The House of Commons in the UK has dropped a rule for male MPs to wear ties, but New Zealand's Parliament is not quite ready to follow suit.

The Speaker of the House of Commons, John Bercow, recently ruled ties would be optional when MPs were in Parliament.

That news sparked what seemed at first to be a mounting revolution among New Zealand's own MPs who are also required to wear ties in the Debating Chamber.

Labour's Grant Robertson tweeted "time NZ ditched the tie requirement in Parl."


He added that people no longer wore ties at most business meetings he went to.

National's Chris Bishop tweeted he had been trying to lead the way on the Finance and Expenditure Select Committee: "join me!" and proposed a "unity ticket."

Asked about it this week both backed off a bit, possibly wary of buying into a trivial distraction so close to an election.

The Speaker's Rules for Parliament require "business attire" for both men and women and most Speakers have interpreted that to mean ties and jackets for men, although the jackets are sometimes dispensed of on hot summer days if the airconditioning is down.

Speaker David Carter said he was not aware of any widespread calls for change among MPs.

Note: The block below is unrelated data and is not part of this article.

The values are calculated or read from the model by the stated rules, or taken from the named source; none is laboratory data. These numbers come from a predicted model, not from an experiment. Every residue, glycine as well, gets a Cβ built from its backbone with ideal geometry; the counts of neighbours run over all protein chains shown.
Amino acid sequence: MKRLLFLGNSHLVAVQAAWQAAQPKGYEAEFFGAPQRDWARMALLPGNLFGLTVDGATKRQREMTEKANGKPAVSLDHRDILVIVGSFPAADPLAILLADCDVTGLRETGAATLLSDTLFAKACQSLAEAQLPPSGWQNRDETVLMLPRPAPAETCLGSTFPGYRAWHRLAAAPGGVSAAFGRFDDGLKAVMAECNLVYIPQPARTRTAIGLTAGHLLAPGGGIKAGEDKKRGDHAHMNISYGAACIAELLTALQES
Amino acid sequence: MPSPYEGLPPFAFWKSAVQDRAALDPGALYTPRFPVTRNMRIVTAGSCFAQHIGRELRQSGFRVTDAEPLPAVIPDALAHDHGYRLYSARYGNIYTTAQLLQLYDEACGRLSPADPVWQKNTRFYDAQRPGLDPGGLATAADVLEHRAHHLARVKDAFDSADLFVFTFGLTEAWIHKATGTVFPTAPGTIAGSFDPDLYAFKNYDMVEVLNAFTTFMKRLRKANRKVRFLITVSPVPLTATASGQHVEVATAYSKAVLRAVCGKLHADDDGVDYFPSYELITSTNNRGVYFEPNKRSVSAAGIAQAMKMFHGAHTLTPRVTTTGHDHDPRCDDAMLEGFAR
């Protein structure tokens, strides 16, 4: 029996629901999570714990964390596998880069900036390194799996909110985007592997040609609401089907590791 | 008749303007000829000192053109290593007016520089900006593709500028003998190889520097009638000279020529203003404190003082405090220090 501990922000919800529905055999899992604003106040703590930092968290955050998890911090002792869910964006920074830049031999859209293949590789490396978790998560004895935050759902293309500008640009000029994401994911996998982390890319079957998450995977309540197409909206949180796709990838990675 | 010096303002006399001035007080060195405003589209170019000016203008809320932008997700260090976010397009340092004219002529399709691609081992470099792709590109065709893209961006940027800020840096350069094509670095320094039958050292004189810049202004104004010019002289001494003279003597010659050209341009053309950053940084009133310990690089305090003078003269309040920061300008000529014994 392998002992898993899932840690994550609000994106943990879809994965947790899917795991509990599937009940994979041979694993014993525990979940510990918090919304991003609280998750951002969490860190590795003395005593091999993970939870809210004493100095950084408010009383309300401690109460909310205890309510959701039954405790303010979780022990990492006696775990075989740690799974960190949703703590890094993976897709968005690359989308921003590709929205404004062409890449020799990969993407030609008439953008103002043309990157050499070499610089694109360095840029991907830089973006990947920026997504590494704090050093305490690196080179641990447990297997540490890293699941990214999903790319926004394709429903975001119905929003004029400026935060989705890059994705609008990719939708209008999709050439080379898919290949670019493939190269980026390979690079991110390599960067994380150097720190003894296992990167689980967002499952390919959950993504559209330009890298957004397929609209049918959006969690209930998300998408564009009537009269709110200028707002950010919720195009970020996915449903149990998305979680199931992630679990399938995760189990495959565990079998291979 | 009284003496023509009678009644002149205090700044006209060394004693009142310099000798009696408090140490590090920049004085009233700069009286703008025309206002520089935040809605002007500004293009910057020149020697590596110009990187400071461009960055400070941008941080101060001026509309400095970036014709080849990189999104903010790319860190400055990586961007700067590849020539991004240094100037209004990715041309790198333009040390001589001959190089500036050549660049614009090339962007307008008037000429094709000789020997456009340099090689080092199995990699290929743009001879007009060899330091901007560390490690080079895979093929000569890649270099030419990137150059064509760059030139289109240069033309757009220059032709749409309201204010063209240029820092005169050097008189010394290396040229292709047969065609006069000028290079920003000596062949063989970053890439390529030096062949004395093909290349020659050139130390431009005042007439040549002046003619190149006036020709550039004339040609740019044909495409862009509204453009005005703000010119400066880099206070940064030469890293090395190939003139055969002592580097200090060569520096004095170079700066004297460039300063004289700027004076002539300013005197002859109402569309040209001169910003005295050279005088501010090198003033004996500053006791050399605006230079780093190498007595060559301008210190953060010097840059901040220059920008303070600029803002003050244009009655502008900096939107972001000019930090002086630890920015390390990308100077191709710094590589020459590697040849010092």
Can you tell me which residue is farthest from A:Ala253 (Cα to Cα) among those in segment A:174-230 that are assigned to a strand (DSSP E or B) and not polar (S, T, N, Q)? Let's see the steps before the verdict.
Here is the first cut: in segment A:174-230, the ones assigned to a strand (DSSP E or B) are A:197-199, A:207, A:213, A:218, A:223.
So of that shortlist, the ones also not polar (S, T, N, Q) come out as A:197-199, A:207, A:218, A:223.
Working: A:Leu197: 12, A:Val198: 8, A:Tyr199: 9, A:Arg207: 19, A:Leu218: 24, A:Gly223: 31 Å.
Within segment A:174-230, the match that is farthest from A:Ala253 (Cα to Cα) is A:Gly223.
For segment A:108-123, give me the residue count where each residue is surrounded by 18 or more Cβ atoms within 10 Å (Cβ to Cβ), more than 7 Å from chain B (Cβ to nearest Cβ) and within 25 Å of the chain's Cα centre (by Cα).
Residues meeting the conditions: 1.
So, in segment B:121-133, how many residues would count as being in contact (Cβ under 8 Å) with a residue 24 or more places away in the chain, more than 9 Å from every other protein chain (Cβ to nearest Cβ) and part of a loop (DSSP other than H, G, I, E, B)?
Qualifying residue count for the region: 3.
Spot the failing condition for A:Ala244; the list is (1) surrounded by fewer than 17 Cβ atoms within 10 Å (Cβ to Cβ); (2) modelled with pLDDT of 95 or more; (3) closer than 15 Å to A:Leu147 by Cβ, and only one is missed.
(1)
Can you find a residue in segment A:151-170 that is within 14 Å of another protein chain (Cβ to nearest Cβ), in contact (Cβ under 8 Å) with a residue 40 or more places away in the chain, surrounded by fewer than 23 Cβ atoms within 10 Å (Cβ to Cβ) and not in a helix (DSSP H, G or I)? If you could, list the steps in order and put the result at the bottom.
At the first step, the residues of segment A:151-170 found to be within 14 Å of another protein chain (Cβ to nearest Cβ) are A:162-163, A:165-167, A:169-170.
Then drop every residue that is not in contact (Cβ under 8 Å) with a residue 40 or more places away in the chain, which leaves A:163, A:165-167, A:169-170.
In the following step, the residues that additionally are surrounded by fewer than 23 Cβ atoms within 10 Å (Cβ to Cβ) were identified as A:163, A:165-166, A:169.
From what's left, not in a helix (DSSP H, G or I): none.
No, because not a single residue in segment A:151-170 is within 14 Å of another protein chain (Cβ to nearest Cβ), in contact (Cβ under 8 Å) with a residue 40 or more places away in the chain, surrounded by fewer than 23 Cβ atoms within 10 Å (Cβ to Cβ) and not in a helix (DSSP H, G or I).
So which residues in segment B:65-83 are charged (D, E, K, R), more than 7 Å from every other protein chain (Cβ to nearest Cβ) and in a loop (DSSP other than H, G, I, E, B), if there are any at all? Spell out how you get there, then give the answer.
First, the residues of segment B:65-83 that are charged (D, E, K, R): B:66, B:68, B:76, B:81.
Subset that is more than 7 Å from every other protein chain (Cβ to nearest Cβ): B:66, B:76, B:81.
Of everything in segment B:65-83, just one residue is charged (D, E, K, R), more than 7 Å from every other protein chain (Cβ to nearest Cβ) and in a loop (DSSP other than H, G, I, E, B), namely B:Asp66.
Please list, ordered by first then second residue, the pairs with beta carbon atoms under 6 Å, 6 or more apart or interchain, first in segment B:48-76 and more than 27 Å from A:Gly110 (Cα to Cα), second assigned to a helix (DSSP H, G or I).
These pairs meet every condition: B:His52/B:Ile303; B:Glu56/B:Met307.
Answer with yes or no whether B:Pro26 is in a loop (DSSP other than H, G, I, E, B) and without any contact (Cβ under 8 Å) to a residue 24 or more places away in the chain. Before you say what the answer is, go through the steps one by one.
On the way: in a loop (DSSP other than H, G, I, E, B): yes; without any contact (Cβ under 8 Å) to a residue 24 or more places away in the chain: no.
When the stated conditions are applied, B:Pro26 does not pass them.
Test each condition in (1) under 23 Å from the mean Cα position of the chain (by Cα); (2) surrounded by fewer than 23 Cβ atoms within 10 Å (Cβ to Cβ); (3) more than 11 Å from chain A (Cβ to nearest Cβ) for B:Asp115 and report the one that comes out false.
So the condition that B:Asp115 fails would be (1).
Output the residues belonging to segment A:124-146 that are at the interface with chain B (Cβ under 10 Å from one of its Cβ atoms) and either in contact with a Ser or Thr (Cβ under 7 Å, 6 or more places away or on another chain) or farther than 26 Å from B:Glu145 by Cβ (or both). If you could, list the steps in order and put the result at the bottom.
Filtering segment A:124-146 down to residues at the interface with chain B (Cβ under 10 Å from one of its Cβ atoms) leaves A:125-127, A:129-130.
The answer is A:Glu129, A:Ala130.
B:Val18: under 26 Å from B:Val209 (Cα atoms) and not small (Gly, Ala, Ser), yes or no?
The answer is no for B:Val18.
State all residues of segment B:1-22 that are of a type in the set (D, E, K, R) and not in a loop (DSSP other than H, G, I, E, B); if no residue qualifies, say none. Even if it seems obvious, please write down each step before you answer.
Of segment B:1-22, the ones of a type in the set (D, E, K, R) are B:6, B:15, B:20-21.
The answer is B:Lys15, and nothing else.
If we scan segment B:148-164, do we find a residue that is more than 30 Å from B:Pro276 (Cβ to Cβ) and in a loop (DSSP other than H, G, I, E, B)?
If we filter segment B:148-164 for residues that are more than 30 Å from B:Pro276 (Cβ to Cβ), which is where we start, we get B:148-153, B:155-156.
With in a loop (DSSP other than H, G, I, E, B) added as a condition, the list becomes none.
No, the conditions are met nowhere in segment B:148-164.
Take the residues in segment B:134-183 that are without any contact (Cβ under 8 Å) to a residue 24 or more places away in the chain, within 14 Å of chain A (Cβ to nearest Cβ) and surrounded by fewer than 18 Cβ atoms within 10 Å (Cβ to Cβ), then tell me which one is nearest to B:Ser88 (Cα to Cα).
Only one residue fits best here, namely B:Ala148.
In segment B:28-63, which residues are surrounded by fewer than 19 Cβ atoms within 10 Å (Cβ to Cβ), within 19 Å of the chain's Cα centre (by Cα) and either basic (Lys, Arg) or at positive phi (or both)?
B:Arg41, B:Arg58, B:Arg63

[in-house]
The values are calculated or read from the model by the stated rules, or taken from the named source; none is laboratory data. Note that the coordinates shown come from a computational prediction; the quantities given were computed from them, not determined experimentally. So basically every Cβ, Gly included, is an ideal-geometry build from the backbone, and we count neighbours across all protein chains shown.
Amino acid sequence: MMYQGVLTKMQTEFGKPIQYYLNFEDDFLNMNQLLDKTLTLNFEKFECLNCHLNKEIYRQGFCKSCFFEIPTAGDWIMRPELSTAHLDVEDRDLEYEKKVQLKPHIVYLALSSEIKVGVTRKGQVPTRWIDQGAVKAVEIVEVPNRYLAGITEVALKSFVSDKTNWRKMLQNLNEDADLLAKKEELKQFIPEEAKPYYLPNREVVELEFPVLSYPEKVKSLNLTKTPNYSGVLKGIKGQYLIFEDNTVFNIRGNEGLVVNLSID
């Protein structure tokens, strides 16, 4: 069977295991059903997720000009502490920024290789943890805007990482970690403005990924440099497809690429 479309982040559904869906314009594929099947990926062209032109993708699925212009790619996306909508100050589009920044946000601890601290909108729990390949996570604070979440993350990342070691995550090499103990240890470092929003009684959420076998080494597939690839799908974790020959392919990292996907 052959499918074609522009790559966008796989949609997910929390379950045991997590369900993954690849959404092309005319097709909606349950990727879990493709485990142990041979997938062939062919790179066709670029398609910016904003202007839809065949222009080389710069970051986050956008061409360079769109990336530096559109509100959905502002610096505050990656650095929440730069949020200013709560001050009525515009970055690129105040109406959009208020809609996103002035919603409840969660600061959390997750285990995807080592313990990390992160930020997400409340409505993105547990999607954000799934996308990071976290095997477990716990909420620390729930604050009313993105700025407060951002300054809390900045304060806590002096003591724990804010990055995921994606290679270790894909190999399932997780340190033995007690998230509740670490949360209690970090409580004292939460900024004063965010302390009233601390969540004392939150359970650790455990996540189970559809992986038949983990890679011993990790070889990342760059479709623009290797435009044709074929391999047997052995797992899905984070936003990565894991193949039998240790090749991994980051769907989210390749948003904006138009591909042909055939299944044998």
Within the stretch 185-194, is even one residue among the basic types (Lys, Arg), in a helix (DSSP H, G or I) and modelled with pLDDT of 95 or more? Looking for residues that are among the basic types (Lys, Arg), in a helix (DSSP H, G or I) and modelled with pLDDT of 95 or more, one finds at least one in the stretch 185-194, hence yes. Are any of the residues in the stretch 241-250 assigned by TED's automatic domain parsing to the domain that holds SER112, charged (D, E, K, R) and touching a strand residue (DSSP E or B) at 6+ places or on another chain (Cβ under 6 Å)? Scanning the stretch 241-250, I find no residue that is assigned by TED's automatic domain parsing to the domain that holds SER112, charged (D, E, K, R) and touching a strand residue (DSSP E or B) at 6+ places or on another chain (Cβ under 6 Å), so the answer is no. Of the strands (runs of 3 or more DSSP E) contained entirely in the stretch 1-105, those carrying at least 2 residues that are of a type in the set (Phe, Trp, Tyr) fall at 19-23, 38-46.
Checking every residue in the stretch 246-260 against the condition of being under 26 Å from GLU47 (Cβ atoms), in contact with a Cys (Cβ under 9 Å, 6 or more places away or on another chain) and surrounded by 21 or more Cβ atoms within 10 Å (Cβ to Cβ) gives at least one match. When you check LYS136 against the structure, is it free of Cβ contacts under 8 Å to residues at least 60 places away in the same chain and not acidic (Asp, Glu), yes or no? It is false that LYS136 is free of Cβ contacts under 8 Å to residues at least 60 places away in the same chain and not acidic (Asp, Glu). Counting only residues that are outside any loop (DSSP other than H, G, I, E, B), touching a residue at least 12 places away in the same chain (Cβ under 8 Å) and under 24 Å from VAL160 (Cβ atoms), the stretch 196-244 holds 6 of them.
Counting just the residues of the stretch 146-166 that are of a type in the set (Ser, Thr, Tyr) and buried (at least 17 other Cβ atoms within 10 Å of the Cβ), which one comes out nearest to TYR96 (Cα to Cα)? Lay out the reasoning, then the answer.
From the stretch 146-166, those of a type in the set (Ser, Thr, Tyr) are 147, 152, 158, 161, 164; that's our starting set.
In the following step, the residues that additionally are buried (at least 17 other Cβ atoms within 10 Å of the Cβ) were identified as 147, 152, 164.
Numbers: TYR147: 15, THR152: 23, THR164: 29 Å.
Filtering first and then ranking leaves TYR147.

"I am personally in favour of the current standard of jacket and tie for men. I would not make a change without consulting Members"

Labour's Trevor Mallard, who hopes to be Speaker if Labour is in Government, believed it was inevitable at some point.

"My view, as someone who has never, ever learned to tie a tie, is that it's time for the change to occur."


Mallard said there would have to be consultation before a Speaker could make such a move.

"Modern business attire is changing and it's changing generationally. It is inevitable it will happen at some time."

Robertson said he agreed with the need to consult first.

"But most business meetings I go to, men are not wearing ties. And I think it's possible to be smart and business-like and not wear a tie. It's a personal view. I don't regard this as a major matter, it came up because of the House of Commons."

Bishop said he often went without a tie at the Finance and Expenditure Select Committee, as chair.

"I think you should wear ties in the Chamber because there's a formality and respect for the Parliament in there. But I'm less convinced about select committee, so I frequently try and go sans [without] tie on the committee. That's a controversial step to take for a first-term backbencher."

"I can understand the need for it in the House, but in most business environments these days, I would say a tie is probably a bit unusual. But these go in swings and roundabouts ... fashion trends come and go."

He declined to comment on the less restrictive rules for women in Parliament, saying there were many double standards that cut the other way.

Labour's Kris Faafoi said while he was getting sick of wearing ties, he also believed they were appropriate for the debating chamber.

Other dress code rules ban items which "advertise" a sports team. Hats are allowed, provided they do not have an advertising brand on them.

The same dress code applies for journalists sitting in the Press Gallery.